The release of a list of more than four dozen topics that Special Counsel Robert Mueller may question President Donald Trump about was the result of a testy meeting between the special counsel and the president's lawyers, where Mueller reportedly floated the possibility of issuing a subpoena to Trump.
According to the Washington Post and four sources with knowledge of the discussion, Mueller brought up the option of a subpoena on March 5, after John Dowd—who has since resigned from Trump's legal team—and Jay Sekulow said Trump had no obligation to speak to federal prosecutors.
After Dowd angrily told Mueller that he was "screwing with the work of the president of the United States," the special counsel's team agreed to provide a list of the subjects the investigators wanted to speak to the president about.
The questions Trump can expect from a meeting with Mueller focus on his relationship with and decision to fire former FBI Director James Comey, his attacks on Attorney General Jeff Sessions and his statements about the Justice Department's supposed obligation to "protect" the president, and his campaign's contacts and coordination with Russia, among other matters.
The president has shown increasing reluctance regarding a meeting with federal prosecutors, repeatedly denouncing the Mueller investigation as a "witch hunt"—leading some lawmakers to call for a subpoena.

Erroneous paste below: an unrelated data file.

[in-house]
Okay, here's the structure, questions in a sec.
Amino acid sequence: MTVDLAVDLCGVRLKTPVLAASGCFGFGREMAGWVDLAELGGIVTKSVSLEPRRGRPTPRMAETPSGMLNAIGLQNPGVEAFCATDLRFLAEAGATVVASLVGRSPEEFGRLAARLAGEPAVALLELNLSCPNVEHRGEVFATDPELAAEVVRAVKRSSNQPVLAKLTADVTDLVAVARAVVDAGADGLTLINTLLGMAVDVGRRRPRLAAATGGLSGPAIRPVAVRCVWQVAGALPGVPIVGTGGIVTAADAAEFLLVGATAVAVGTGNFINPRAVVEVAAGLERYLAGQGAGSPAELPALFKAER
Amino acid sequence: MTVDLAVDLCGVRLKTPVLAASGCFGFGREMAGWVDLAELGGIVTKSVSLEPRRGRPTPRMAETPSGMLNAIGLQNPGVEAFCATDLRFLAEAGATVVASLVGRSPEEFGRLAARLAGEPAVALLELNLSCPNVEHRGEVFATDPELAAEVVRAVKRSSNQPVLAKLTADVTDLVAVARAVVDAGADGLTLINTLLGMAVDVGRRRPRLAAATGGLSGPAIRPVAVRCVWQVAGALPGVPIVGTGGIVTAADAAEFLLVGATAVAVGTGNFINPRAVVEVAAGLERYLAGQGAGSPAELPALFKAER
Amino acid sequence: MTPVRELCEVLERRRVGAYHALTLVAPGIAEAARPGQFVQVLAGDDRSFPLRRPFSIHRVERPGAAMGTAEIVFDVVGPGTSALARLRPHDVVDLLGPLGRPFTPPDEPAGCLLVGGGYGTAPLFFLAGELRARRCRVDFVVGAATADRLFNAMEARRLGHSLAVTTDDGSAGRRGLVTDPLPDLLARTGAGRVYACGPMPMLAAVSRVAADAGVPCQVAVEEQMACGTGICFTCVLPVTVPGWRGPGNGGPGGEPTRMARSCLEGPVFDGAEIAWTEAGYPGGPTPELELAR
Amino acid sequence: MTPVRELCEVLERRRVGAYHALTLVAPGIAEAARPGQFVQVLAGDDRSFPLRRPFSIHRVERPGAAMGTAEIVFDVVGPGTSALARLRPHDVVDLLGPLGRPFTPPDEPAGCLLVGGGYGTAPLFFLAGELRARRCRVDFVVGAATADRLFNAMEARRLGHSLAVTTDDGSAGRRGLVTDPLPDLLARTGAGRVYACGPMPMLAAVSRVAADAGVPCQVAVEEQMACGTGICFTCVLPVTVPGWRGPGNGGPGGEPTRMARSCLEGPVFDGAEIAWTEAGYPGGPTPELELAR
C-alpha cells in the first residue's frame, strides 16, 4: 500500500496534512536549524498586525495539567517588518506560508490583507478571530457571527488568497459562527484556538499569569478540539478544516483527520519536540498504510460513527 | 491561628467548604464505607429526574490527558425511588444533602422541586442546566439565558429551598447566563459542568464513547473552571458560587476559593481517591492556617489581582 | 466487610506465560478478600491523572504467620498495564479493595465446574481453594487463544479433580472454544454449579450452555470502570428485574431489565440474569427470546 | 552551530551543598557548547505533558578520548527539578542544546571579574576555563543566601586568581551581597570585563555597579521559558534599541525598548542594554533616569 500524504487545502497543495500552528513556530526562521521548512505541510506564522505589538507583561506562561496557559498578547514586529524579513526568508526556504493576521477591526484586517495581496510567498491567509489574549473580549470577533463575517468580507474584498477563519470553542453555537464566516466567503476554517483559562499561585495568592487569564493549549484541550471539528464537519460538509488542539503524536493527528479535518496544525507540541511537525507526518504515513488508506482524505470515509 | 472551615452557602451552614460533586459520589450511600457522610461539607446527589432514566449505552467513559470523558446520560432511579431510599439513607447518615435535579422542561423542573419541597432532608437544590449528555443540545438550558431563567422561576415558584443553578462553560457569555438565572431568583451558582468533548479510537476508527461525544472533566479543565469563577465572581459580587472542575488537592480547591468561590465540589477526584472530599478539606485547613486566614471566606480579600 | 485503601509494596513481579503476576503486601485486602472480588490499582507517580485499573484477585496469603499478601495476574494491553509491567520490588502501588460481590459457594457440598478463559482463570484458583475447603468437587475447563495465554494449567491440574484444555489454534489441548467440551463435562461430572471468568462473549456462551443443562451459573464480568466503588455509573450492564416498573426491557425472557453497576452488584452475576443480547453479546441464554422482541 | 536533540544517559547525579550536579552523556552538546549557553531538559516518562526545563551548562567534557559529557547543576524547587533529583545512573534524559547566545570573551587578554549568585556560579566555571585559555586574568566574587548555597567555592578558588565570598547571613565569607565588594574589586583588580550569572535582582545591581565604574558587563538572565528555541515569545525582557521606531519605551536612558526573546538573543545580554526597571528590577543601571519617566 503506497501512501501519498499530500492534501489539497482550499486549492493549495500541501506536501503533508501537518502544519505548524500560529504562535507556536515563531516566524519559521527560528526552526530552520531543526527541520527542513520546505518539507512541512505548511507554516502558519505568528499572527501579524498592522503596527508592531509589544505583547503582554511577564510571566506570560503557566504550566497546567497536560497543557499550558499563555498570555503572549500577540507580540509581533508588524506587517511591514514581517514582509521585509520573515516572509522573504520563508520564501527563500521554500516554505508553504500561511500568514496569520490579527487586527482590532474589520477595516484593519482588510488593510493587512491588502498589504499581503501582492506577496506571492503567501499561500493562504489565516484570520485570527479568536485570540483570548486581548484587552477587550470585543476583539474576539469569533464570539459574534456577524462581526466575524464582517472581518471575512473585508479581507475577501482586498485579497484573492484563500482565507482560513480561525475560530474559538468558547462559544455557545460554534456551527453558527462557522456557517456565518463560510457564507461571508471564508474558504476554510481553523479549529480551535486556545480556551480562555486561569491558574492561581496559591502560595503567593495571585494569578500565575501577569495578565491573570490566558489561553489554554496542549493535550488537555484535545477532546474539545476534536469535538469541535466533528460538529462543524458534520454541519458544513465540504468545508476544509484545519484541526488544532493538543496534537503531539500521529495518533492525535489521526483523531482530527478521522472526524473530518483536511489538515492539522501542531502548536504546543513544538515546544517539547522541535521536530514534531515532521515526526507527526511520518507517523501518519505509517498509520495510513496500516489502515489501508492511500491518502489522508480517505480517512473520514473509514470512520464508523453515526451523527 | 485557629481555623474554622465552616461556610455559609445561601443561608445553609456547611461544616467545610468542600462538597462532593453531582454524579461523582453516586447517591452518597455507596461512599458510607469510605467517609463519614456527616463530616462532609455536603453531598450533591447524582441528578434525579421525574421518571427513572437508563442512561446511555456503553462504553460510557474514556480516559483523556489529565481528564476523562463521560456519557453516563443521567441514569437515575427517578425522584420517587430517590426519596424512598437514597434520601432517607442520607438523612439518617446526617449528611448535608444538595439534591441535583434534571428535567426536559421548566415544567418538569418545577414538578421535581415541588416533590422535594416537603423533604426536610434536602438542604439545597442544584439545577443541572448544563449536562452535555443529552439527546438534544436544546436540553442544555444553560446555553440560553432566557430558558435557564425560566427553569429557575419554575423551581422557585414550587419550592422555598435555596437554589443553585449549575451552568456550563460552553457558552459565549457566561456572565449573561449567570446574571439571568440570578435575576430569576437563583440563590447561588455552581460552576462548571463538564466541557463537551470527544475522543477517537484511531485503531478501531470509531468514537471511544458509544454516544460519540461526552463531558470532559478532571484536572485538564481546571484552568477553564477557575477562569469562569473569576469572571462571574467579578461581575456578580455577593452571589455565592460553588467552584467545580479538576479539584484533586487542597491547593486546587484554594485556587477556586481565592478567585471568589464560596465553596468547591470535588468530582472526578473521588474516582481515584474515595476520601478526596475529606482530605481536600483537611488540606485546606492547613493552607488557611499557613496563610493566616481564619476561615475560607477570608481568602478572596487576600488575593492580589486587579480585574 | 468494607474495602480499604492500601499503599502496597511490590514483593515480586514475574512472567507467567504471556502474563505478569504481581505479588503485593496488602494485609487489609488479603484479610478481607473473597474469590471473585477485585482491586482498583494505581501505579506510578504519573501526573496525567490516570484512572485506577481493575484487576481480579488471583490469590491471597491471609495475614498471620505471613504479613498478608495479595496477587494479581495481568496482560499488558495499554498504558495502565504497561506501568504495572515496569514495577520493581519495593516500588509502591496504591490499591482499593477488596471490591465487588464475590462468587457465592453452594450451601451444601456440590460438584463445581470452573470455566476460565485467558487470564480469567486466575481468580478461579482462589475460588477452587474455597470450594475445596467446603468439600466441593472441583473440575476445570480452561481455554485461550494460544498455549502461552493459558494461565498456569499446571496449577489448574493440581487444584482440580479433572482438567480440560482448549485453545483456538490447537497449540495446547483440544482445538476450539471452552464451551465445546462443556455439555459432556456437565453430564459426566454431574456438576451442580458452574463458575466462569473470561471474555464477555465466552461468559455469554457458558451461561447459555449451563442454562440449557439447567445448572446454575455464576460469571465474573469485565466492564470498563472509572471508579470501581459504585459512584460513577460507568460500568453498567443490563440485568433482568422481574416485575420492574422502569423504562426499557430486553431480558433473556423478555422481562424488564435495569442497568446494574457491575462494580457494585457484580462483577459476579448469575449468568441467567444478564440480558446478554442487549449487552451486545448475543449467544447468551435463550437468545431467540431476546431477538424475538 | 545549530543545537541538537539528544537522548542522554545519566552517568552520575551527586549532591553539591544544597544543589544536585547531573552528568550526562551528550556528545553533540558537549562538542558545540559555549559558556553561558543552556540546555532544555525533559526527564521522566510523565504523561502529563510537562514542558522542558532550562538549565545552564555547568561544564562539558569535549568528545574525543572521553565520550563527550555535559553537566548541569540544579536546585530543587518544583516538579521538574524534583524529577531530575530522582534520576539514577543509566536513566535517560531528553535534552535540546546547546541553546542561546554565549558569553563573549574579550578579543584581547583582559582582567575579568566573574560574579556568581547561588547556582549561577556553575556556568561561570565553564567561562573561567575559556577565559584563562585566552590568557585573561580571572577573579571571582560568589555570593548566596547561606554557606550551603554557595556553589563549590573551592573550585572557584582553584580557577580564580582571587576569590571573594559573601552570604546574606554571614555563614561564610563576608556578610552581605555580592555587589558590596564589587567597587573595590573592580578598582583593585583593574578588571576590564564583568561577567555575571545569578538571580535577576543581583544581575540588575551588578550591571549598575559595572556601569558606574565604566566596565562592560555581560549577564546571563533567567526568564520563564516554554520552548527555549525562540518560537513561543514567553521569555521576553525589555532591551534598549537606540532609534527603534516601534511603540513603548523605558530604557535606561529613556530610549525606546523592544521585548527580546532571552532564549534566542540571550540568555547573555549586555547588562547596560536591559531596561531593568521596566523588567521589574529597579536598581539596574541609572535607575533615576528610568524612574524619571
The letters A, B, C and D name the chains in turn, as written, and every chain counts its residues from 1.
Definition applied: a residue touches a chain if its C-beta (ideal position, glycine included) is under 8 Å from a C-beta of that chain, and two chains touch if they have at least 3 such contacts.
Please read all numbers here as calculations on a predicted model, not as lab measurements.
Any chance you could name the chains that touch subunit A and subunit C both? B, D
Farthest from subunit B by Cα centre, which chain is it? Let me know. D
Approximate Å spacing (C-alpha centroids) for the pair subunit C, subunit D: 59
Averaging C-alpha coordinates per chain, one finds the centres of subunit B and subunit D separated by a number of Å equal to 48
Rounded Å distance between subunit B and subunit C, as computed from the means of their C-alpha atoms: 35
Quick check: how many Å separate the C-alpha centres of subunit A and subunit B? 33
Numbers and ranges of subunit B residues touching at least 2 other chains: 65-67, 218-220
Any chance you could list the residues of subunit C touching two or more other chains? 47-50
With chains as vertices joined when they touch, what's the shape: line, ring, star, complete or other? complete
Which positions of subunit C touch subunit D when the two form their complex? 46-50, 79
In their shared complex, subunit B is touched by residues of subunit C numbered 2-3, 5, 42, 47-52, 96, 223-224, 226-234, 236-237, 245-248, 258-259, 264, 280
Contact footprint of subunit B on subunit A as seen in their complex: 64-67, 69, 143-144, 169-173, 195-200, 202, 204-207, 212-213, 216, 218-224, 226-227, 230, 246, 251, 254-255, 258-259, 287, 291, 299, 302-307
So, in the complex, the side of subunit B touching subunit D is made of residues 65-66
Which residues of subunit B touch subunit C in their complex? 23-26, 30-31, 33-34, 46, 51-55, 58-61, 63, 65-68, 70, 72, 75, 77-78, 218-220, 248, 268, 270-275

A subpoena to Pres. Trump seems increasingly necessary and unavoidable. So does a law protecting the Special Counsel. The coming crucible demands courage - especially from Republicans controlling Congress. https://t.co/8GAguPLq2M
— Richard Blumenthal (@SenBlumenthal) May 2, 2018
A presidential subpoena could result in a Supreme Court case, if Trump's legal team argues that executive privilege protects him from having to answer questions about his private dealings and that the Mueller probe is affecting his ability to serve as president.
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But former federal prosecutor Renato Mariotti says Trump's case would likely appear weak before the nation's top justices.
10/ If Trump fights the subpoena, I expect he will ultimately lose. In the Nixon and Clinton cases, the Supreme Court ultimately found that the president was not above the law. As the Court noted, presidents since Monroe have responded to questions in judicial proceedings.
— Renato Mariotti (@renato_mariotti) May 2, 2018
And as prosecutor Joyce Vance explained to MSNBC's Rachel Maddow on Tuesday night, if Mueller raised the issue of a subpoena with Trump's legal team, it's likely he had already done so with Deputy Attorney General Rod Rosenstein at the Justice Department.
"Prosecutors," Vance said, "never threaten to take an action they can't take."
If Mueller raised the issue of issuing a subpoena to Donald Trump, he would have already talked about doing so with Rod Rosenstein. -@JoyceWhiteVance
"Prosecutors never threaten to take an action they can't take." pic.twitter.com/xwtLAzmk0d
— Maddow Blog (@MaddowBlog) May 2, 2018